John O’Nolan took some time out of his busy schedule to talk to Packt Publishing about the meteoric rise of Ghost – the stripped back blogging platform.
What were the biggest issues you faced/continue to face in the development phase?
Open source development is always a challenge. You’re taking a group of people from entirely different backgrounds, with widely varying skillsets, from all over the world, who’ve never met each other before – and trying to get them to work together in a way which is both functional and cohesive. Organising such a large project tends to attract an even larger group of developers, so managing that whole process is generally one of the biggest challenges which we face on a day to day basis. It’s incredibly rewarding when it all comes together and works correctly, but it takes a lot of time and attention to get right.
We’ve learned a tremendous amount about this process in the last 12 months, and I’m sure we’ll learn just as much in the next 12 months.
Would you recommend Kickstarter for other software devs? Are there any lessons other open-source developers could take away from it?
Crowdfunding is something I’d recommend to anyone – but whether or not you use Kickstarter is a really hard one to answer, and I’ve gone back and forth on it a few times. I think these days my answer is more or less: “It depends” – as there are both advantages and drawbacks to each approach. On the plus side, Kickstarter gives a project a certain degree of credibility, puts in in front of people who might not necassarily have seen it otherwise, and gives you quite a lot of tools to manage the campaign. On the downside, they take quite a large chunk of the money you raise, you have to play by their rules, and the tools for managing the campaign are good – but not great. I think if you have an existing network or audience, independent crowdfuning might be a more compelling proposition.
What are your views on the situation with Express.js, and the questions is raises overall about the OpenSource movement?
The situation with Express.js was interesting, but realistically, things like this happen in Open Source all the time. It’s not a new paradigm, and to some degree it’s a bit of a storm in a teacup. I don’t think it raises any new questions about the Open Source Sofware movement – in fact in some way it points to the very strength of it. Had Express been a closed project which got sold, everyone would’ve been left high and dry. With Open Source, there is always the option to fork and create a new project if the original branch loses its way. It’s not a perfect solution (it’s often not even a good one), but in the face of the alternative: no solution at all – it’s a significant step in the direction of freedom.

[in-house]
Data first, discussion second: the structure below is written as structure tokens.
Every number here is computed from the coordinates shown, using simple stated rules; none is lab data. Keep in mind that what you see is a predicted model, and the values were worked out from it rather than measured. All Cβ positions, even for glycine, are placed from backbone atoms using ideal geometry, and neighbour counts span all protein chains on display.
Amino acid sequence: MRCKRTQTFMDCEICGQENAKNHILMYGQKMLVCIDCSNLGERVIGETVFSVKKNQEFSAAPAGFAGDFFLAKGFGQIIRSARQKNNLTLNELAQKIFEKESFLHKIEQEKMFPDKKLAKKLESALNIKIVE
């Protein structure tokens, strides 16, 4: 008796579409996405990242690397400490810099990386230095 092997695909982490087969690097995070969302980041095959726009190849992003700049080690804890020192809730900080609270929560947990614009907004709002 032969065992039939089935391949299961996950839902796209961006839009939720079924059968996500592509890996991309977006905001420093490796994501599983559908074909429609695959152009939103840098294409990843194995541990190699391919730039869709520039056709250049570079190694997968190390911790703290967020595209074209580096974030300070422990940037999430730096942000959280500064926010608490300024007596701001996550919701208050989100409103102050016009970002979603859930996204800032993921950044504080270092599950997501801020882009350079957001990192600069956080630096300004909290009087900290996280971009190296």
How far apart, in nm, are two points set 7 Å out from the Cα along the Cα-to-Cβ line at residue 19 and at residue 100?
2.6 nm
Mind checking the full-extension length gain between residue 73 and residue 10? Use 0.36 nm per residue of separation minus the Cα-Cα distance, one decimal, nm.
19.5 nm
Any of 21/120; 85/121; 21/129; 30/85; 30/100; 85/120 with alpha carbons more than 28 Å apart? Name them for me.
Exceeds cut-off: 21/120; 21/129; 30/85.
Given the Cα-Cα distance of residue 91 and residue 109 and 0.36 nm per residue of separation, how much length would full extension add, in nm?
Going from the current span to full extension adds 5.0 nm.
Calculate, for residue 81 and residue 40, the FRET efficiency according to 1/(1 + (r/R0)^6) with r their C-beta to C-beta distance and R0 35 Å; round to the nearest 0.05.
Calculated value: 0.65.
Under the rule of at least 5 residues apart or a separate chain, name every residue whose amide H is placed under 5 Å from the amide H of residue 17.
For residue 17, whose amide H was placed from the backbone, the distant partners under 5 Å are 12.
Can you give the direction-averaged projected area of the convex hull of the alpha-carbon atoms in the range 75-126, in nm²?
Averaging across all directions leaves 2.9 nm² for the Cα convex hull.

What’s your biggest hope for the future of Ghost? Mass adoption? An increase in dialog about how we distribute our blog content?
Mass adoption is always a hope, of course, but I’m definitely more passionate about quality than quantity. I would rather have 5 respected major news organisations running on Ghost than 10,000 cat blogs. I think that for journalism to continue to remain relevant it needs to continue to be free and open, both in the tools being used as well as in the organisations behind the content being created. I hope that Ghost can move the needle on independent publishing, as opposed to venture-backed click-bait.
Besides a different use philosophy (just blogging!) Ghost is notable for its embrace of Node.js. Do you think more CMS systems will start to make the transition to Node.js?
Yes and no. I don’t believe many (if any) existing systems are going to start transitioning to Node.js. There are far too many reasons for why it doesn’t make much sense. But I do think that we’re already starting to see a definite transition in the technologies chosen for building new platforms. Node.js is certainly towards the front of the pack, but it’s by no means the only player. There are a great deal of exciting new technologies which are lining up to power the next generation of the web, and I’m pretty excited to see where they all go.
With Ghost(Pro), and fairly easy going third-party hosting, Ghost’s more accessible than many open-source blogging/CMS platforms. What do you think Ghost offers over and above more packaged blog solutions?
The choices right now are beautiful and closed, or clunky and open. We’re trying to combine the best of both worlds and create something really special.